Sitting in an armchair on the sun-soaked bridge of the vintage Stockholm steamer S/S Storskär, 84-year-old Stieg Dingertz, dressed to a tee, savours a special day out on the Baltic sea.
Some 60 years ago, the naval engineer was at the forefront of a movement to save the Swedish capital’s steamers, deemed outdated and ready for replacement by a modern fleet to navigate the city’s sprawling archipelago.
Now, he watches with satisfaction as 10 century-old white steamships adorned with multicoloured flags gather in the quaint harbour of Vaxholm for their annual parade.
“This one was destined to be abandoned. We had to fight for it” to be kept in service, he said of the Storskär, a classic 320-passenger model built in 1908. “It’s very important that they continue to serve regular routes so that they don’t become museum ships,” the former city counselor added.
The elegant silhouettes of the white steamers, with their tall black chimneys, French-polished mahogany guardrails and birch trunks serving as fenders have been a fixture here for more than a century. They still ply the waters for both tourists and Stockholmers alike.
Aboard the Storskär, Stockholmer Bo Hurell, a 79-year-old advertiser, is en route to Vaxholm for an annual lunch with former classmates in the tourist town’s hotel, a ritual for the last 55 years.
“Since 1955, we’ve been taking the Storskär. It’s convenient. It always leaves Stockholm at noon and always arrives at the same time,” he said, leaning on the guard rail and sipping aquavit.
The steamer’s slow pace gives plenty of time to enjoy the area’s natural beauty, passing island after island, spotting the occasional typically Swedish red-and-white painted cottage. Inside, the steamers retain the old-style decor of varnished wood paneling and crimson velvet armchairs.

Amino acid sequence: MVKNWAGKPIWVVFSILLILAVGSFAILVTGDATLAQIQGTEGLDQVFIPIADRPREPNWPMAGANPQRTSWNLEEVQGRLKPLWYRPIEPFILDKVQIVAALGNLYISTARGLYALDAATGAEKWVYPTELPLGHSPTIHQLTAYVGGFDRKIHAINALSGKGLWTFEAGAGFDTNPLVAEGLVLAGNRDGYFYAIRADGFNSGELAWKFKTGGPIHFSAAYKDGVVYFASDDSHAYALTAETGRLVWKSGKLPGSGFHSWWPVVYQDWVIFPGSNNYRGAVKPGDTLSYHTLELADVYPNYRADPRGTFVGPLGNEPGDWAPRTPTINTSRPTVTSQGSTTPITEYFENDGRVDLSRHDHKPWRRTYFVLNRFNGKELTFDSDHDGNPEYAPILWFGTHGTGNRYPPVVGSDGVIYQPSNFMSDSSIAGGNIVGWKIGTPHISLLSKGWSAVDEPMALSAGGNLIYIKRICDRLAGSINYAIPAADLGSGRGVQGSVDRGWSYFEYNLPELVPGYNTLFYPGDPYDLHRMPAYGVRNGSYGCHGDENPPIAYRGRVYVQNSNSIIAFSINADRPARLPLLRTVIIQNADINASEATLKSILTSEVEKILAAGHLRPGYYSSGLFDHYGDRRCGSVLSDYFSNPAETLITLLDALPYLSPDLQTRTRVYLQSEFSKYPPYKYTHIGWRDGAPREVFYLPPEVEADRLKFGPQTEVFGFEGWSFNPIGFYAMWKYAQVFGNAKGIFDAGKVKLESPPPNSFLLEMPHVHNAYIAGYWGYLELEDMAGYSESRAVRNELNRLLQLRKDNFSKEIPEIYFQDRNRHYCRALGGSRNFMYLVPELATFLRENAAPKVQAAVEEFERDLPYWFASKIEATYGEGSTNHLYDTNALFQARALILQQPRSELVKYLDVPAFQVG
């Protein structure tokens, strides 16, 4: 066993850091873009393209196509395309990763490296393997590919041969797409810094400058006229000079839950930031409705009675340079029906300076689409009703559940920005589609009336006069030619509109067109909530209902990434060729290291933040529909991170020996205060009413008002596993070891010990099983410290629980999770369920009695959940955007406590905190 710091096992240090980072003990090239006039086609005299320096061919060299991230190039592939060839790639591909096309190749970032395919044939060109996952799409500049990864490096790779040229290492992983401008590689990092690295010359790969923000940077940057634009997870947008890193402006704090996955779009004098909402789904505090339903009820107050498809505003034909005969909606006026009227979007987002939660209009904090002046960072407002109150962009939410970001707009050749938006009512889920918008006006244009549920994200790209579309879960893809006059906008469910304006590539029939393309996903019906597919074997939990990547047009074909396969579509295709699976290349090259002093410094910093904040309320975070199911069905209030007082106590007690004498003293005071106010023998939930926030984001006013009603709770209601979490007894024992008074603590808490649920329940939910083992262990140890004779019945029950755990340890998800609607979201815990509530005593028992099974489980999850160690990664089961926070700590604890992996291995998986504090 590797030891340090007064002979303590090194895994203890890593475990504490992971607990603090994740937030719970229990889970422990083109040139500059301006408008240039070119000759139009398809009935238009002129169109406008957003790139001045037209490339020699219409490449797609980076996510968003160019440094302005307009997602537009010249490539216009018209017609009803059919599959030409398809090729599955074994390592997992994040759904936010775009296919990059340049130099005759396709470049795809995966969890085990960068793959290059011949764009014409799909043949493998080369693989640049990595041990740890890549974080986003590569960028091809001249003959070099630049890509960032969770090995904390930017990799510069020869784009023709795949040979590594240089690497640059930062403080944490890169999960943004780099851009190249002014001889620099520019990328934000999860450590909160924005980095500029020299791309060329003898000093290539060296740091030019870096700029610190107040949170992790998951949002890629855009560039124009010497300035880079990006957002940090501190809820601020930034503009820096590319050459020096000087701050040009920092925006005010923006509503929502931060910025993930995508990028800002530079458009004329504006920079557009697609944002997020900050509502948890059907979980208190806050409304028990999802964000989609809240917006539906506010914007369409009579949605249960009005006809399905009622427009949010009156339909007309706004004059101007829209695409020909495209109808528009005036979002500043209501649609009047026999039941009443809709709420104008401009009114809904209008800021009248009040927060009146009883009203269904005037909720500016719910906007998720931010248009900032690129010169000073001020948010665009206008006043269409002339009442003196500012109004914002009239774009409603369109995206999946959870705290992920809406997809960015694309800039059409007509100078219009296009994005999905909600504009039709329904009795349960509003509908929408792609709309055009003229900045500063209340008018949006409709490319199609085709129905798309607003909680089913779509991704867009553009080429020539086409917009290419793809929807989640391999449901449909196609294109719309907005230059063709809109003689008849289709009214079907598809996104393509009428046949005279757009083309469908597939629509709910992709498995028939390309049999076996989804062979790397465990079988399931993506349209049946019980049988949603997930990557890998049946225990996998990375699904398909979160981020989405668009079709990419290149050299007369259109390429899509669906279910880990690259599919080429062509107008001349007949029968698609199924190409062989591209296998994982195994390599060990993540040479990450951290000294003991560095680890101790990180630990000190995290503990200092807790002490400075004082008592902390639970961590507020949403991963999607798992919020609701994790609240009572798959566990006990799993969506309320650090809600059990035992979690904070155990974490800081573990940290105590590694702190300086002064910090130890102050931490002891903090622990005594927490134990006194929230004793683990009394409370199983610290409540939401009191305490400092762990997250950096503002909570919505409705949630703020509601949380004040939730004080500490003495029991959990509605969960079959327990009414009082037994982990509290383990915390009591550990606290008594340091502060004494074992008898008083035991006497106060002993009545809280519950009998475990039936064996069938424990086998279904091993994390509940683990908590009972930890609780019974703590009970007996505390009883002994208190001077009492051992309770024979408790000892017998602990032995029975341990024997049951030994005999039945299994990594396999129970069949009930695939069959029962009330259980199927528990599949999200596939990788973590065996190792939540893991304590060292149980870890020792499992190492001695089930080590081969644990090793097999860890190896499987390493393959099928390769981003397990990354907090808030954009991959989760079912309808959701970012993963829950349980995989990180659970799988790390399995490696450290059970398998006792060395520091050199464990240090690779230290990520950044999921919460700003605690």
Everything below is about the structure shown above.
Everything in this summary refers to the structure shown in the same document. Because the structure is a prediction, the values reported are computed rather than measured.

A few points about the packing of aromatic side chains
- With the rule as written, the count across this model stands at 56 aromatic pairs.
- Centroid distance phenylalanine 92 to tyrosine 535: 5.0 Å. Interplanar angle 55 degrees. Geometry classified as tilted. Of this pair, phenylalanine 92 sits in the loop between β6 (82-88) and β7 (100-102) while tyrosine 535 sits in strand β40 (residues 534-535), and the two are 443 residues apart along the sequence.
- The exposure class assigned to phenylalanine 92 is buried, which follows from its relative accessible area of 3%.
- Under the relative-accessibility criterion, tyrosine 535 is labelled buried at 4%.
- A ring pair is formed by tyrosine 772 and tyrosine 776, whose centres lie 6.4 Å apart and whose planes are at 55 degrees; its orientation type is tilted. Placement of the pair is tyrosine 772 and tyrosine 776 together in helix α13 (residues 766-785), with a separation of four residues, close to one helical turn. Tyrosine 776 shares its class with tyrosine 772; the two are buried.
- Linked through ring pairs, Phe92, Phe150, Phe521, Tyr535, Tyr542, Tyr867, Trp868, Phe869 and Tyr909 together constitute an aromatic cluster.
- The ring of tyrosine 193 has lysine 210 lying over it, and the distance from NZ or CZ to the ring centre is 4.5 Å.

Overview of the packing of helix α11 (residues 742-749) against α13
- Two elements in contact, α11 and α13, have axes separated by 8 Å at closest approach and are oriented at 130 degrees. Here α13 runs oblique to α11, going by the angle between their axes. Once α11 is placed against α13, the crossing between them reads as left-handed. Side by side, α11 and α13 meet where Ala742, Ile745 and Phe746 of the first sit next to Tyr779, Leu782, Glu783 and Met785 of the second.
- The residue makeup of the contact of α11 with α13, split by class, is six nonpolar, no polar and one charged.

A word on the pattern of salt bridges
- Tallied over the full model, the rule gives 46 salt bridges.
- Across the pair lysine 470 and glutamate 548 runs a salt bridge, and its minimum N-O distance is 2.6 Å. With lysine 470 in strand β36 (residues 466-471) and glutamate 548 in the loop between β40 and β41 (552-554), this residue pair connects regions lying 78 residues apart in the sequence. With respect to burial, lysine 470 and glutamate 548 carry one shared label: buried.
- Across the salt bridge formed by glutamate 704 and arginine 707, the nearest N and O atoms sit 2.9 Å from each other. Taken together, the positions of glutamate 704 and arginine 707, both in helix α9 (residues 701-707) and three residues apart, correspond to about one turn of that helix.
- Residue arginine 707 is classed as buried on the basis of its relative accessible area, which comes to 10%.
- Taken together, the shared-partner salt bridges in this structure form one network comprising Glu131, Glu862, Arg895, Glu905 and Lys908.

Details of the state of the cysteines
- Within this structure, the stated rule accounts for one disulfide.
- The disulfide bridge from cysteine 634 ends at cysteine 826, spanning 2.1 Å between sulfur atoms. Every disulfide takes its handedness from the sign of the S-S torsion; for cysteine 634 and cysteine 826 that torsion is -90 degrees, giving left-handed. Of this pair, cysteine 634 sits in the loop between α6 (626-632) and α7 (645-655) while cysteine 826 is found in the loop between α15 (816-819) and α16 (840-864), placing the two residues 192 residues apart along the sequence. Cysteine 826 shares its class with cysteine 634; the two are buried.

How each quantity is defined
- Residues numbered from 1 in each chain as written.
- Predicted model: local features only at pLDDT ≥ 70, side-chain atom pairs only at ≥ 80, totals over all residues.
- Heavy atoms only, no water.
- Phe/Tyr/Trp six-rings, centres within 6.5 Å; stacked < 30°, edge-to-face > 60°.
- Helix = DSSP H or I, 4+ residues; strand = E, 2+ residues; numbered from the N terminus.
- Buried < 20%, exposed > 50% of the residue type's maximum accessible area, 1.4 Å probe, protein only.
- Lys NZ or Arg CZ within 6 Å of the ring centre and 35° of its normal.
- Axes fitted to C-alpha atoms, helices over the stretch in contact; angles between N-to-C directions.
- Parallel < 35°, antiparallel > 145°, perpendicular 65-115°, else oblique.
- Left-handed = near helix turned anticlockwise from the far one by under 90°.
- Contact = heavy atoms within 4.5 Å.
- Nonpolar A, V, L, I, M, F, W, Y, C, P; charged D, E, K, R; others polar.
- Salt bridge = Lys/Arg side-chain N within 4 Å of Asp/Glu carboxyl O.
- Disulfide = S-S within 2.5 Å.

“It’s an authentic atmosphere that carries you back to a century ago,” said the Storskär’s young captain Johann Bäckström, in officer’s uniform complete with bowtie and white cap.
For tourist Ling Kin Pong, a 22-year-old student from Hong Kong, “The Swedes know how to preserve traditions.”
However, they have not neglected technology and steamers are now fully equipped with the latest navigation instruments, radars and global positioning systems.
Even before the instruments, Claes Insulander, 65, who has been manning the Mariefred, built in 1903, for half his life, said the steamers were good for manoeuvring through archipelago. In fog, they cruised at a constant speed with the motor’s revolutions set to a watch and the captain hoping for the best.
Yet it is below deck, in the machine room, where the true soul of a steamer lies, with its distinctive smell, the racket of rods and cylinders and the humming of the boiler.
“It’s a triple expansion engine that turns at 152 revolutions a minute,” the Storskaer’s chief mechanic Johan Lundell, 43, proudly explained as he ran an oil can over the cogwheels.
The Storskär can reach up to 14 knots, or around 25 kilometres per hour, earning it the nickname of the archipelago’s “King of Steam.” A sharp bell pierces through the racket of machinery, meaning the captain has ordered to change direction and Lundell promptly activates a lever. Up on the bridge, Bäckström has just shifted the brass telegraph to full astern.
“I can go from full ahead to full astern in zero seconds,” he beamed.
The Storskär’s boiler is fuel-powered, but others, such as the Mariefred’s, are still powered by coal, leaving a long stream of black smoke through the archipelago’s blue skies.
The steamers’ arrival in the 1850s spelled the end of isolation for the few farmers, fishermen and hunters who lived scattered across some 30,000 islands and islets in the archipelago, according to Berndt Festin, the outgoing president of Stockholm’s prestigious archipelago foundation.
“People used to living off hunting, especially seal hunting,” he told AFP.
However, in part thanks to steamers, relaxation is a prime occupation in the pink granite forest-covered islands, now sprinkled with about 40,000 vacation homes. Despite this population “boom”, Festin insists there is still plenty left to explore in the archipelago.
“There are always some islands for sale,” he said.